Nowruz festival marks beginning of spring
Washington – Some 2 million Iranian Americans – and other immigrants from neighboring countries that were once part of the Persian Empire – are celebrating Nowruz, the Persian New Year, on March 20 with rituals that go back thousands of years.
The rituals find their symbolic roots in Zoroastrianism and its dualistic struggle between the forces of good and evil, but with the advent of Islam 14 centuries ago, many of the traditions were modified.
A few days before the New Year, Persians observe a Zoroastrian festival known as Chahar Shanbeh Suri. The evening’s rituals include a symbolic purification by fire in which people jump over bonfires to rid themselves of illness and misfortune.
The New Year celebration then begins with the spring equinox, and the Nowruz festivities continue for 13 days.
Iranian community and student groups throughout the Untied States observe the traditional Persian holidays. Some groups refrain from participating in bonfire jumping because of the fire hazard, but all of them celebrate Nowruz with Persian music, dancing and a traditional dinner.
The traditional dinner at Nowruz features an herbed rice and fish dish called sabzi palau ba mahi accompanied by a hearty noodle soup. As always the meal is rounded out with sweet Persian pastries.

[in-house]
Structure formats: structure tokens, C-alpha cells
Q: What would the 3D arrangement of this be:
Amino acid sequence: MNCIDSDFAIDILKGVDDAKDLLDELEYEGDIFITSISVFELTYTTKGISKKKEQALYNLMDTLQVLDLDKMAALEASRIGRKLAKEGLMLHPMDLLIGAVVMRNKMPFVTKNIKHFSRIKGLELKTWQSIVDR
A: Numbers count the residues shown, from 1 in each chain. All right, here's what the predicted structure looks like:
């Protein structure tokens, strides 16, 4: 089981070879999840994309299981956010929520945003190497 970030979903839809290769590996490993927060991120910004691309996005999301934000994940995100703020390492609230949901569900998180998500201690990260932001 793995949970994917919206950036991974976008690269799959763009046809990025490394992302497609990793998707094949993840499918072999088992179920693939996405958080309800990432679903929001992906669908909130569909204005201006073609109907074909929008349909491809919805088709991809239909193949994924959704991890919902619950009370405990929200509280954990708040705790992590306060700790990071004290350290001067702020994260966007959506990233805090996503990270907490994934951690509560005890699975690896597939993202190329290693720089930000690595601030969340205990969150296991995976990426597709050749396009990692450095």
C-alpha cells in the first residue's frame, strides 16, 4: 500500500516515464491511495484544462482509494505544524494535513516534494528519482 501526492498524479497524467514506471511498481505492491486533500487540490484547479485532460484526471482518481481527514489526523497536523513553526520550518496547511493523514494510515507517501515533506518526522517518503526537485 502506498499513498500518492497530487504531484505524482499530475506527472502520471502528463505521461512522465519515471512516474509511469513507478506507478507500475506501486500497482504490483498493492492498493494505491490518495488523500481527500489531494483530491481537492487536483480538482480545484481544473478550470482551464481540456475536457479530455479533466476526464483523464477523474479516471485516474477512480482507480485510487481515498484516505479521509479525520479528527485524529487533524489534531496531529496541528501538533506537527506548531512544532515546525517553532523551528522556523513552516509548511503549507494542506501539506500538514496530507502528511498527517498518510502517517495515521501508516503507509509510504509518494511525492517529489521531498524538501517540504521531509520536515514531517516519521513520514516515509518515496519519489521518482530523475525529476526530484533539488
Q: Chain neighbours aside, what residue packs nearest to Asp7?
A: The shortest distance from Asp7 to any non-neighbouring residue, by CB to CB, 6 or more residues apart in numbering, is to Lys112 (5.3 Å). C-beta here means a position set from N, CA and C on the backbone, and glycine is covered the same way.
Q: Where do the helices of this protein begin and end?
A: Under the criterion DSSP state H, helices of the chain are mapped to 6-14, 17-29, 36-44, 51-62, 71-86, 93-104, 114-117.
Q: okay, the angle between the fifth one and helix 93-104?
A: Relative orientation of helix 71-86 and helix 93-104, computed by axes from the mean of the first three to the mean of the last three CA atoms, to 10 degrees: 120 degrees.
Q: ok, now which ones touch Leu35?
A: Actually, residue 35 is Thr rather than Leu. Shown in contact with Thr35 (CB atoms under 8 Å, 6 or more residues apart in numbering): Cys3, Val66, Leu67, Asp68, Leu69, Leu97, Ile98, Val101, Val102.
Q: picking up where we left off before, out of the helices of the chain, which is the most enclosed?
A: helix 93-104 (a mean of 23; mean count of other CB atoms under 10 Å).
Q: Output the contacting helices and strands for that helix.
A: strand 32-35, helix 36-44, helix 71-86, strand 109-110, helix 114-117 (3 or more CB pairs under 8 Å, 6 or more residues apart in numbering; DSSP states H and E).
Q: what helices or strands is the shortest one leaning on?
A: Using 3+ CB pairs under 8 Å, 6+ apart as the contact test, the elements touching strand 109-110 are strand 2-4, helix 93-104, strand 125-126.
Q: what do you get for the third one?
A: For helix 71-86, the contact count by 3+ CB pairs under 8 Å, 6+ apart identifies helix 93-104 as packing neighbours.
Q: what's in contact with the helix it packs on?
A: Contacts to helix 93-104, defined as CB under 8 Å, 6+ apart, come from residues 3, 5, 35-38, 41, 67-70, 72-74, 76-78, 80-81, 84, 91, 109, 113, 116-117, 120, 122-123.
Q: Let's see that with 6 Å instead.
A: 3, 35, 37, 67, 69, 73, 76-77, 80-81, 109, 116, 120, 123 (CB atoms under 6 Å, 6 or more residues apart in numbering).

Families then greet the New Year in a purified state with a bath and a new set of clothes. The first few minutes of the New Year are spent around a traditional table setting known as the Haft Seen, or “Seven S” with seven items that begin with the letter “S.”
Haft Seen goes back to the pre-Islamic traditions of Zoroastrianism with each item representing one of the seven creations and the seven holy immortals protecting them.
Among the seven “S” items on the table is sabzeh, or green shoots, which are seven wheat or lentil seedlings symbolizing resurrection and the new life to come. Other “S” items may include samanu or sohan, sweets representing joy; sib, an apple representing health and beauty; senjed, lotus fruit symbolizing love; sir, garlic to ward off evil; sekhe, coins for prosperity; sonbal, a hyacinth flower; sumac, a Persian spice; or serkeh, vinegar.
The table setting also should include painted eggs to represent fertility, a goldfish bowl to represent the world’s oceans, and candles with reflecting mirrors to represent the eternal fire – the ultimate purifying symbol of Zoroastrianism. Some families also include a book of poetry by the Persian masters Hafez or Firdousi and a Quran, often used for recitations.
On the 13th day of the New Year, known as Sizdeh-be-dar, Iranians traditionally leave the cities for picnics in the countryside. The wheat or lentil sprouts are tossed into running water to symbolize the throwing away of everyday cares.
Nowruz ceremonies have become more diverse through the years, particularly as the traditions have spread through Afghan, Tajik, Uzbek, Azerbaijani, Kurdish and Parsee cultures, but all of those who observe the celebration today carry forward a timeless expression of ancient Persian culture.
(Distributed by the Bureau of International Information Programs, U.S. Department of State. Web site: http://usinfo.state.gov)
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